Warning: This story may be distressing for some readers.
A couple have been left distraught after they say their four puppies were baited and brutally shot multiple times by neighbouring farmers.
"They were basically butchered ... I don't have the words to describe what I saw when one of the puppies came back with its tongue hanging out, no jaw. Half its head was gone," the owner of the puppies told the Herald.
The couple are not being named, for privacy reasons.
One of the purebred red rottweiler puppies, just 4 months old, died after being shot three times in the belly and once in the head. The other three had to be put down by a vet after suffering horrific injuries, he said. One of which couldn't be found until six hours later: "He was just left to suffer," he said.
Police are making enquires into the shooting in Houhora, in the Far North, after the puppy owner complained.
An SPCA spokeswoman said they were not currently investigating this incident, as police were looking into it.
"We have offered to assist police should they require our help."
Each puppy provided about $30,000 income over two years from breeding, the owner said.
"There's not a lot of work up this way so people sell fruit and vegetables or breed animals."
Yesterday morning, the puppies were sleeping in the garage when their owner lifted the garage door so the pups could have a feed and pee.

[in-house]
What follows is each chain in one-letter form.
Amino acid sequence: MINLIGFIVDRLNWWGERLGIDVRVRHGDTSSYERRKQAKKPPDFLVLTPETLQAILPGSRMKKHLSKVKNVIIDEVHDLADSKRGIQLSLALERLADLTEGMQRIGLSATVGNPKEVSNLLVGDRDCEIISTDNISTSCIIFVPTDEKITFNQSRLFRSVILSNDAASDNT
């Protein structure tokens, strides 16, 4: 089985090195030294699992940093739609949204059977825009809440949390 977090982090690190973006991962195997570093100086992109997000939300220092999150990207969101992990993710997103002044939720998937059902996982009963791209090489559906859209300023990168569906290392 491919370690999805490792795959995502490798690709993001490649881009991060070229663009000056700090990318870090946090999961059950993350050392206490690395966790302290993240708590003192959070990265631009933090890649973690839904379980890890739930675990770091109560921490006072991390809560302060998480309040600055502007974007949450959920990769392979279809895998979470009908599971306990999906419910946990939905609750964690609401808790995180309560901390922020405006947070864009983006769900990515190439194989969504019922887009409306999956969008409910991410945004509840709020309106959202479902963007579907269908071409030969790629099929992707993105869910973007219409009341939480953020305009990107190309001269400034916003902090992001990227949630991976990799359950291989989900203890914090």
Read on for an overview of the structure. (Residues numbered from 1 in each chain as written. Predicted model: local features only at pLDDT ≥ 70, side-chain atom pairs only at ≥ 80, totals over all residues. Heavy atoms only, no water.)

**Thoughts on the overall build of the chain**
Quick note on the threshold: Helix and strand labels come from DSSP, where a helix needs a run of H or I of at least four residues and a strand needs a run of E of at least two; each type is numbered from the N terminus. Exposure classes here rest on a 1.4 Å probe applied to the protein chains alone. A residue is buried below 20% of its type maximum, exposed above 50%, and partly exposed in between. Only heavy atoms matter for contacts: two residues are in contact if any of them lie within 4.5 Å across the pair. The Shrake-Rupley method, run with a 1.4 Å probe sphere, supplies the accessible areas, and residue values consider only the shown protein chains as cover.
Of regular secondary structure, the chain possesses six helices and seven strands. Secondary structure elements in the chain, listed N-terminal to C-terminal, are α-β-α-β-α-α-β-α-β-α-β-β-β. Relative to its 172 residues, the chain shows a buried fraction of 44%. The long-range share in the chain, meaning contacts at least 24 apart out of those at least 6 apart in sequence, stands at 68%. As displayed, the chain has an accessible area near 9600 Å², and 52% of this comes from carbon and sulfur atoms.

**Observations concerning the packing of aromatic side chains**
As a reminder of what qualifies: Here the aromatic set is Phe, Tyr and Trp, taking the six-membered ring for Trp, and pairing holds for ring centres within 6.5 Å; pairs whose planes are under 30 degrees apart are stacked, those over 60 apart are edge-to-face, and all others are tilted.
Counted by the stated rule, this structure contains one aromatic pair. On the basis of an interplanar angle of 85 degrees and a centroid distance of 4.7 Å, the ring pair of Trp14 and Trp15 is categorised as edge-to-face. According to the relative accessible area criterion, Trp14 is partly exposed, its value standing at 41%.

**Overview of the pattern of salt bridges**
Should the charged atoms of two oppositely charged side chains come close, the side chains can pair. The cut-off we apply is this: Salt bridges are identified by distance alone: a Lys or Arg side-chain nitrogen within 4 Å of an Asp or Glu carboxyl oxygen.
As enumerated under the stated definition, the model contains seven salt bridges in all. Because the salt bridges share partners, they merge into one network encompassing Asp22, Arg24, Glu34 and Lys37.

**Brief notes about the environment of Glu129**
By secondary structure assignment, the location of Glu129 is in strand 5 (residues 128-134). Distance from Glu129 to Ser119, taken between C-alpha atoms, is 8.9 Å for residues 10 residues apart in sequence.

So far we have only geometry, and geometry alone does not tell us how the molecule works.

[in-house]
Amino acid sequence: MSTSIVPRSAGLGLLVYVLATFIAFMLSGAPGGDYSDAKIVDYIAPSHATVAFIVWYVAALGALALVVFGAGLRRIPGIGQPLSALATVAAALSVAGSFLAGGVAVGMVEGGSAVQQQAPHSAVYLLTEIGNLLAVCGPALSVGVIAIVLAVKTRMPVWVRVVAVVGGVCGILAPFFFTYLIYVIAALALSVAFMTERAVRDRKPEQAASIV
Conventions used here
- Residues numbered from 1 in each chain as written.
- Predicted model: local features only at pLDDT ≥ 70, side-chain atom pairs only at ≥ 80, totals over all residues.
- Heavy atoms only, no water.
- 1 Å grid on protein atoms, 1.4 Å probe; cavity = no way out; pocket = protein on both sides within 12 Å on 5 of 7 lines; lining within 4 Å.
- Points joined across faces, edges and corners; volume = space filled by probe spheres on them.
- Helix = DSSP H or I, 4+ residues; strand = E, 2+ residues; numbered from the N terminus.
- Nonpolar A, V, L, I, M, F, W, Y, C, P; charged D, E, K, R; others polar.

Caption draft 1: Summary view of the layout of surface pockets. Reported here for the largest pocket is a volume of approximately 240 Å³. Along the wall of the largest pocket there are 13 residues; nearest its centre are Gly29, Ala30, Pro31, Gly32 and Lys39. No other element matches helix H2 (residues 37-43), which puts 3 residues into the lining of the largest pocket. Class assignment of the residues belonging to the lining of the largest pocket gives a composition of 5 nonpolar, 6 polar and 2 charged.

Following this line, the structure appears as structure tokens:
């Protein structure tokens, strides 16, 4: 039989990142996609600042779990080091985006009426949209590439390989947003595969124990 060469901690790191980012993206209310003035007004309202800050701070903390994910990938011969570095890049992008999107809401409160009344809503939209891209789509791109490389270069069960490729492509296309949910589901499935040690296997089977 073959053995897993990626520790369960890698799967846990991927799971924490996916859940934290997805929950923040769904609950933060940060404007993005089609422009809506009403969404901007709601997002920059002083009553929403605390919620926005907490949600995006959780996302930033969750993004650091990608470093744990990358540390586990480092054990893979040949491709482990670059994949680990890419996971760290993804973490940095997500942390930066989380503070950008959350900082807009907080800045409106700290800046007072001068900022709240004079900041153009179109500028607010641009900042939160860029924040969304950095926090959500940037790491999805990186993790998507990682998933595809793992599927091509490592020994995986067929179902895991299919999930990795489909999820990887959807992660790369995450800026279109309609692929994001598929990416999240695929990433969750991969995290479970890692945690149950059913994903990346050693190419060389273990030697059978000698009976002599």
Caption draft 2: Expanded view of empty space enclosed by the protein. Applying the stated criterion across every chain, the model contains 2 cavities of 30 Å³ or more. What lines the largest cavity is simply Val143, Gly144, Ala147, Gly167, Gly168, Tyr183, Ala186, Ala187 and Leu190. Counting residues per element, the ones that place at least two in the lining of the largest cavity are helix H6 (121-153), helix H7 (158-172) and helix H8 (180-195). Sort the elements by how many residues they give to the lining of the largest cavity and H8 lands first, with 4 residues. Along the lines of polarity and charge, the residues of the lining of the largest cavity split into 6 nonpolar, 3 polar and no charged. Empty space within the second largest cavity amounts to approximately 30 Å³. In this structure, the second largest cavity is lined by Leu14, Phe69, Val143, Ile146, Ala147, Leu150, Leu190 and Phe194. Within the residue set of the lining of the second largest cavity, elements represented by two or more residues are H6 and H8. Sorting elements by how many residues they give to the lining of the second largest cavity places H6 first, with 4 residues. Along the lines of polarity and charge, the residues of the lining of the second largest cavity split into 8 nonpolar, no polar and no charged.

"I didn't have me gumboots on so I turn around, put me gumboots on and four of them disappeared, which I thought was pretty unusual."
He said he whistled for the puppies and spotted them running in a straight line over to the neighbour's paddock, where there was about a thousand shorn sheep.
In a distance, he said he saw two men on a hill hiding behind a tank, next to a white ute.
"They are standing there and they slowly come down the hill as if they are stalking something like hunters do in the bush.
"They get down on their belly army-style and I hear an extremely - louder than a shotgun - bang and a [whimper]."
The puppy owner said he saw the shooters running and firing one shot after another.
"I saw three little puppies, each one going in a separate direction, faster than a greyhound, I didn't know they could move that fast."
After approaching his neighbours to ask what had happened, they replied saying the puppies had killed four sheep.
"I said 'oh shit, we will pay any damages' begging and apologised.
"I'm a farmer too and if any dog attacks animals then they've got to go but what has occurred here didn't sit well with me," he said.
After taking the puppies to the vet, he said he discovered a dead sheep carcass, at least two days old, had been left in the middle of his neighbour's paddock.
He believes it was left there to attract dogs so his neighbours could shoot them.
"The carcass was a different breed of sheep than the ones that were in the paddock. Any dog would smell that. Our dogs didn't kill that sheep, their teeth are not sharp enough to go through wool," he said.
The Far North farmer said everyone he'd told about the incident had been disgusted and his wife had spent two hours last night speaking to a counsellor.
"We breed dogs for mobility, training and security and companionship. Every one we have sold so far, people are rapt in their behaviour and nature. These puppies wouldn't hurt a fly, they don't know how to kill," he said.
"I want accountability."